Thornton living up to his potential in Eagles' 3-4 defense

RON CORTES / STAFF PHOTOGRAPHER Cedric Thornton takes down Peyton Manning on Sunday, for the Eagles' only sack of the Broncos quarterback.
RON CORTES / STAFF PHOTOGRAPHER Cedric Thornton takes down Peyton Manning on Sunday, for the Eagles' only sack of the Broncos quarterback.
Posted: October 04, 2013

A YEAR AGO, as Cedric Thornton struggled to get snaps on a 4-12 Eagles team, veteran defensive-line starters Mike Patterson and Cullen Jenkins told Thornton his time would come.

"Last season, they were telling me that next year was going to be my test," Thornton said yesterday, as the Eagles prepared for Sunday's visit to the New York Giants. "They prepared me for it . . . Most likely, you're not going to get too many opportunities, but when you do, you just want to step up to the plate. If you don't, then you never know when that opportunity's going to come again."

This week, Thornton gets a chance to show Patterson and Jenkins what he's learned, when the Eagles visit the Giants, the team that scooped up the two veteran defensive tackles when the Eagles decided to move on without them last offseason. The new Eagles defense hasn't been any better than the awful one Jenkins and Patterson started for last season, but new coach Chip Kelly said yesterday that Thornton "is probably playing our best defensive football right now" as a 3-4 end.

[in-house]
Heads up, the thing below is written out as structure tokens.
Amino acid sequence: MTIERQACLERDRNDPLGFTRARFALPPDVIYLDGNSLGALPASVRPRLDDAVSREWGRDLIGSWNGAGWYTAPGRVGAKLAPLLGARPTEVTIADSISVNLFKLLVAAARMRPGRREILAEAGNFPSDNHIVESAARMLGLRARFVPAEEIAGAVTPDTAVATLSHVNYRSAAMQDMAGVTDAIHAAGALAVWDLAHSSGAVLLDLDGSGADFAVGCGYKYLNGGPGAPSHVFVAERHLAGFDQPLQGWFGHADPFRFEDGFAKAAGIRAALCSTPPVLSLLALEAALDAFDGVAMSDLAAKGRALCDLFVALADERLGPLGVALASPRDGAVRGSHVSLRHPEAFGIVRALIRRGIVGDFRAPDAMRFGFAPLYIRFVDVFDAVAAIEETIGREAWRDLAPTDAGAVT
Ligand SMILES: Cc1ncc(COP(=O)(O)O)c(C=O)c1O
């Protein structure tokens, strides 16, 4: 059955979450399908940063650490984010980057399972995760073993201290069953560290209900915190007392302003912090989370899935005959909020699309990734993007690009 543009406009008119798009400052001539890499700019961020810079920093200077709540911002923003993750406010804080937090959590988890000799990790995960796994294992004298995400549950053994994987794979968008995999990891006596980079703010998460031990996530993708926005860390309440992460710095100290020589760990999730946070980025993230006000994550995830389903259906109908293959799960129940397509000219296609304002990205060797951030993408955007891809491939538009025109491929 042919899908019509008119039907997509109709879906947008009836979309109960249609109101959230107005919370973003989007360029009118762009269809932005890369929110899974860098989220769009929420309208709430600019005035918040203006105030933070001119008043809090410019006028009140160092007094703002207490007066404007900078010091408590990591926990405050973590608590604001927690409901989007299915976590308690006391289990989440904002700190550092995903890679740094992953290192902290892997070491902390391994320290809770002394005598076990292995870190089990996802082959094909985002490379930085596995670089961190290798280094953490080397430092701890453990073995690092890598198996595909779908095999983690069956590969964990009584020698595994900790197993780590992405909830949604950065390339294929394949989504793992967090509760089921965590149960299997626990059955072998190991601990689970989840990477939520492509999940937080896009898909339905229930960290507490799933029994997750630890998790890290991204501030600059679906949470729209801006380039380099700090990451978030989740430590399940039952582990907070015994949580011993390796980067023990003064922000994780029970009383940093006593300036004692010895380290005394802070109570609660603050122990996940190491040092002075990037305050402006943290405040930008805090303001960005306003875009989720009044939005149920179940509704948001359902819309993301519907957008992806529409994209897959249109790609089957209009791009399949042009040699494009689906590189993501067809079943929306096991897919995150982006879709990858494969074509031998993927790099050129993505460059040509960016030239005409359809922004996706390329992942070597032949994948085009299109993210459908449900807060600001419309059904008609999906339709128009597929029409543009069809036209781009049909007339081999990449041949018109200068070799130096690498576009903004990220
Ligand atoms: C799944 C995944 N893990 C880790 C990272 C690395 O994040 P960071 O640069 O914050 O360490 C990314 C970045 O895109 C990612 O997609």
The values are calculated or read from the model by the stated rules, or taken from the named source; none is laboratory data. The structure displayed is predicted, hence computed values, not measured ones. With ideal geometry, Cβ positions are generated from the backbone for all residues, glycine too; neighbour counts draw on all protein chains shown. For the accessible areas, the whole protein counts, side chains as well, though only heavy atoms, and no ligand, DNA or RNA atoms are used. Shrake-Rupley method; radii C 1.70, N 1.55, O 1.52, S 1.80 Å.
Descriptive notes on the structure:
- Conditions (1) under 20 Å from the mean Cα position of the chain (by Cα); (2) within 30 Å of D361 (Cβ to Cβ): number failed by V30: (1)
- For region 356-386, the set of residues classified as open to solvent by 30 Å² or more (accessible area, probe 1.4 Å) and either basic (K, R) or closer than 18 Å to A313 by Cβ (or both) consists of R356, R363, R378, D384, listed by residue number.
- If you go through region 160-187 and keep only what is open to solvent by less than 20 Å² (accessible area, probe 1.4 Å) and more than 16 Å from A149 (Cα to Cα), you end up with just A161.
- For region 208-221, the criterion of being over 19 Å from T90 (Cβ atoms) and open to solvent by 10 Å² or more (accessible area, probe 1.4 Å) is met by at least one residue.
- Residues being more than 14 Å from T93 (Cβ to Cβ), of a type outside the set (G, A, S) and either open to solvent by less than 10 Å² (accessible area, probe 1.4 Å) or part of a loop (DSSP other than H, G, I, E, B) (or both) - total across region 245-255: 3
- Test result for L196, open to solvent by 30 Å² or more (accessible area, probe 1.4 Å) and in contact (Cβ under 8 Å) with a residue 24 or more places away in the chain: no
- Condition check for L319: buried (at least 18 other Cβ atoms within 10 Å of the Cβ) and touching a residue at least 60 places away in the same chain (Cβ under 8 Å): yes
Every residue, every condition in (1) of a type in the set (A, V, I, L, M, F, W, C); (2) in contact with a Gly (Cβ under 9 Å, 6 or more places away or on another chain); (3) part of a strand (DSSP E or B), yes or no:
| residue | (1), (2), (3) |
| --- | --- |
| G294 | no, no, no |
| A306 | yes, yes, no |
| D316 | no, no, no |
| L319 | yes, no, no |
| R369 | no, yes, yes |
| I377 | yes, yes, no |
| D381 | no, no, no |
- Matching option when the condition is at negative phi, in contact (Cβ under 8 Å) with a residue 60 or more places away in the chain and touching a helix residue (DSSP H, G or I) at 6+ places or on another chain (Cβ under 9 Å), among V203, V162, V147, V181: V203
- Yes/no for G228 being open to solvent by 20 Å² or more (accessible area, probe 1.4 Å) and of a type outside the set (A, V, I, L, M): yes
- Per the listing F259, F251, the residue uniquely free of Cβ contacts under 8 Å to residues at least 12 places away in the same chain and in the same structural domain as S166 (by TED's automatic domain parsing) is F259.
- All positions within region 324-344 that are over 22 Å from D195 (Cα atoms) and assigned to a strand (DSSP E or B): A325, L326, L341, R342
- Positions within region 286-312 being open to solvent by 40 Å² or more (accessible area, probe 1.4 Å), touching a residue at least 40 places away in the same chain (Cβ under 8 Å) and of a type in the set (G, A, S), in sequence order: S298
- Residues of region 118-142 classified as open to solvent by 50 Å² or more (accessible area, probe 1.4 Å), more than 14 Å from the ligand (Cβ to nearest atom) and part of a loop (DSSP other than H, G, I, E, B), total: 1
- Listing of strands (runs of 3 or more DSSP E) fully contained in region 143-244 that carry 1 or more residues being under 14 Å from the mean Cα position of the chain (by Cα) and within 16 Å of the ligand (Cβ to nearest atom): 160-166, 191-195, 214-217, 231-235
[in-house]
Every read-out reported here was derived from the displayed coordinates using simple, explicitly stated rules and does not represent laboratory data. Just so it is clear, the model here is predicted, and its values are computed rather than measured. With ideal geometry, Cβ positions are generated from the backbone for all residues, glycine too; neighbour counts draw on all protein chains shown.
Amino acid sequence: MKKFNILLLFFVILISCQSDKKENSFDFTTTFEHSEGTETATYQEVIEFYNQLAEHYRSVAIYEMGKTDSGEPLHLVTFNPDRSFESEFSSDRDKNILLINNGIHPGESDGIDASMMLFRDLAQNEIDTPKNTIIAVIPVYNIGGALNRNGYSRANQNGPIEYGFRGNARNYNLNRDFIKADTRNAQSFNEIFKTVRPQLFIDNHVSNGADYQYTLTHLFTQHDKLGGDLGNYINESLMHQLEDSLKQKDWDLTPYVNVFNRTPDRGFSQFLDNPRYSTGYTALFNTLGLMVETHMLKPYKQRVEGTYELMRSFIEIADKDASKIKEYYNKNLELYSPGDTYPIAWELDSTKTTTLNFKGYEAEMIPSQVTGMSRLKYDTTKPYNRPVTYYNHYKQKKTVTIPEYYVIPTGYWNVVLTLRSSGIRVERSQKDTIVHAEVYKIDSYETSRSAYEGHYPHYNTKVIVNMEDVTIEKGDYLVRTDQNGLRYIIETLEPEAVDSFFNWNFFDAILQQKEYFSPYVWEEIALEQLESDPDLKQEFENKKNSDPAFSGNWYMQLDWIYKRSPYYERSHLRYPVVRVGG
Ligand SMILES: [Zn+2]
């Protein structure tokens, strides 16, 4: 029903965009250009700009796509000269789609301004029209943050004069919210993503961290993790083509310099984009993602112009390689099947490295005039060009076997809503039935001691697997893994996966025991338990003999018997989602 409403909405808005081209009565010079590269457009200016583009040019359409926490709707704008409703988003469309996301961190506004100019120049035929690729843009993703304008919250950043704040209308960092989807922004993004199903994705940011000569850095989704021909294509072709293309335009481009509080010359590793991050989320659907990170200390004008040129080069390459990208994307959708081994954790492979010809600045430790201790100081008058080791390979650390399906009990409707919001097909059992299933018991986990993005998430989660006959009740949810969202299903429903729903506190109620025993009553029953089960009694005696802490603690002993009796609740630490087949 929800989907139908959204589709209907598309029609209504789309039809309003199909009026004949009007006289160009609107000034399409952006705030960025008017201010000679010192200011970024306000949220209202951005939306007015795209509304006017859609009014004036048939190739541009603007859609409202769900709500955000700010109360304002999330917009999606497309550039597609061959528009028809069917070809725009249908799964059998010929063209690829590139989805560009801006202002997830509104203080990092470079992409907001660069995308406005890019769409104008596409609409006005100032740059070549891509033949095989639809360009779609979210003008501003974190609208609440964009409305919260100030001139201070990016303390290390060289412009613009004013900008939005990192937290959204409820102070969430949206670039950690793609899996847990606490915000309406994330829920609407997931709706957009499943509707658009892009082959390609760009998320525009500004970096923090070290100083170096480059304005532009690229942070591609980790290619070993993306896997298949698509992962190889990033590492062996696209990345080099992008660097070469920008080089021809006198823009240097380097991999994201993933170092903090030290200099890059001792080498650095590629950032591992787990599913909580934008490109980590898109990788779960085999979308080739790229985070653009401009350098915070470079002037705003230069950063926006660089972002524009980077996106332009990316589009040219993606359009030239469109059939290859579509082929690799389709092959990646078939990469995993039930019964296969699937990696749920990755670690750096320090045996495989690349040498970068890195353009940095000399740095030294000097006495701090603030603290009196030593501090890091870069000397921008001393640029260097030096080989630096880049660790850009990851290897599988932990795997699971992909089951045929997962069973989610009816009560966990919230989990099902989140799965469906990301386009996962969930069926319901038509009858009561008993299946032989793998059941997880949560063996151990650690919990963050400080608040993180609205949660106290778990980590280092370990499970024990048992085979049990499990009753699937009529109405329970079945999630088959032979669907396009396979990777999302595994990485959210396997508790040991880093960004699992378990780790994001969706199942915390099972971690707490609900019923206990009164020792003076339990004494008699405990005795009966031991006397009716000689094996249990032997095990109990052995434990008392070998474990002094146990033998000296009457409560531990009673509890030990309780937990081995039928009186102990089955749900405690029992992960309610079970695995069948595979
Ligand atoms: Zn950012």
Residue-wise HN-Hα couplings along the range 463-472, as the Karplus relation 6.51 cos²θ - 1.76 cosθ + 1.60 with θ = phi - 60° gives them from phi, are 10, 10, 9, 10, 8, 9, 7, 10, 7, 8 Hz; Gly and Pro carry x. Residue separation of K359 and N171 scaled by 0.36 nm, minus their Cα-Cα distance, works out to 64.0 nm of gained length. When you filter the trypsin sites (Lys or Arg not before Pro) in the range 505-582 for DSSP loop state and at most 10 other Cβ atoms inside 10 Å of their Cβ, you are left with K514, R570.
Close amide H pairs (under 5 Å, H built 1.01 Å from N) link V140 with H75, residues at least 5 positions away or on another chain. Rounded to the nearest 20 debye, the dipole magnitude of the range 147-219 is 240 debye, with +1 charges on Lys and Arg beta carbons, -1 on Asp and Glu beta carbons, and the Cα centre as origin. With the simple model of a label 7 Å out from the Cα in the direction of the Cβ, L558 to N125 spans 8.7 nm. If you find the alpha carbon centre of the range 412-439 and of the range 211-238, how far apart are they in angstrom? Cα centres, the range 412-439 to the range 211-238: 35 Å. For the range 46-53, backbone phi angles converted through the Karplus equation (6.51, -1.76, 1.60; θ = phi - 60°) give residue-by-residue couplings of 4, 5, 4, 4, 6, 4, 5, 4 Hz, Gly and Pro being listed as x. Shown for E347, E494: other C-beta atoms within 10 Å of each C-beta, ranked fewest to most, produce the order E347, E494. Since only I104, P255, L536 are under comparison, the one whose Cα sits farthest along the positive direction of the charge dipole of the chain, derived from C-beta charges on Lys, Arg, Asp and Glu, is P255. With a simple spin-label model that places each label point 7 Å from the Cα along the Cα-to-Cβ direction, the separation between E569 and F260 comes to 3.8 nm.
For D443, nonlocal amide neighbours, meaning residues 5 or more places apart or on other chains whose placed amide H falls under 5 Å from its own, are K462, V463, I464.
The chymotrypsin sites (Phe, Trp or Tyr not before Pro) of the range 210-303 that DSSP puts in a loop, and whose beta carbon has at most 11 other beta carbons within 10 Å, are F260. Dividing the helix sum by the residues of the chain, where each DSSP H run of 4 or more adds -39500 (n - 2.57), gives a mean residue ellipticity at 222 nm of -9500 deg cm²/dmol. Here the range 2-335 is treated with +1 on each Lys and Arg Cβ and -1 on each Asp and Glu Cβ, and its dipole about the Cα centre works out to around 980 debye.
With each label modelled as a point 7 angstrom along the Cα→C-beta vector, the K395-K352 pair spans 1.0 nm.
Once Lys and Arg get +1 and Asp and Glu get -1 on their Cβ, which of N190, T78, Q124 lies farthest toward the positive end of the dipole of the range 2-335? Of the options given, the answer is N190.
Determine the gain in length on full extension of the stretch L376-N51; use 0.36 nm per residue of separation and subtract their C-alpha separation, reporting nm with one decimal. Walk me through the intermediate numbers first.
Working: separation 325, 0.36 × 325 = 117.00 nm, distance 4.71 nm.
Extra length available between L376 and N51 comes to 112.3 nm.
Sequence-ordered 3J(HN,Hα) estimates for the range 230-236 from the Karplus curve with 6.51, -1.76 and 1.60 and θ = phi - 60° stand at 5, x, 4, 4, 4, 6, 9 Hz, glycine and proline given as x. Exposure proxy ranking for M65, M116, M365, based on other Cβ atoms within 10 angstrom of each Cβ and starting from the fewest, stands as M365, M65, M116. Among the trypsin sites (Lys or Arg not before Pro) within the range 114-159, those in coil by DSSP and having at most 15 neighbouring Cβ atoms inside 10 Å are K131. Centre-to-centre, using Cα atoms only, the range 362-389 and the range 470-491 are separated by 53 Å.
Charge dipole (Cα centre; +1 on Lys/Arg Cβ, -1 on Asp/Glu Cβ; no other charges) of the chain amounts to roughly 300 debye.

That's interesting, because the other end is Fletcher Cox, the 12th player selected in the 2012 NFL draft. Thornton came to the Eagles in 2011 undrafted out of Southern Arkansas, but football is funny that way: Your pedigree doesn't get you any closer to the quarterback when the ball is snapped.

Cox has shown promise. Even though he was touted at draft time as a hybrid-type player who would flourish in any front, he had never played in a two-gap 3-4 before this season and has had an uneven transition, which Kelly alluded to yesterday.

"Fletch is like everybody on defense, he's learning on the run," Kelly said. Then he noted that sometimes the Eagles still play one-gap 4-3, with which Cox is familiar.

"There are times when Fletch flashes . . . Fletch has a lot of athletic ability . . . At times, he's created some mismatches in there. We just need everybody - offensively, defensively and on special teams - we just need more consistency."

Up in North Jersey, Jenkins is starting for the Giants, Patterson is coming off the bench. Jenkins, who played 81 percent of the snaps in Sunday's loss to Kansas City, missed practice yesterday with knee and Achilles' problems. He told a conference call with Philadelphia-area reporters that he hopes to play against his old team.

Jenkins said he identified with Thornton when they met; Jenkins entered the NFL in 2004 with the Packers, as an undrafted rookie from Central Michigan.

"Cedric's a heckuva player. I used to talk to Ced a lot back there," Jenkins said. "I know it was a lot of guys who helped me along my process. I wouldn't be where I'm at without what they did, so anytime you see guys, you see what they're going through, you always try to lift 'em up and give them whatever help you can give them, because you know what it's like to be in that position."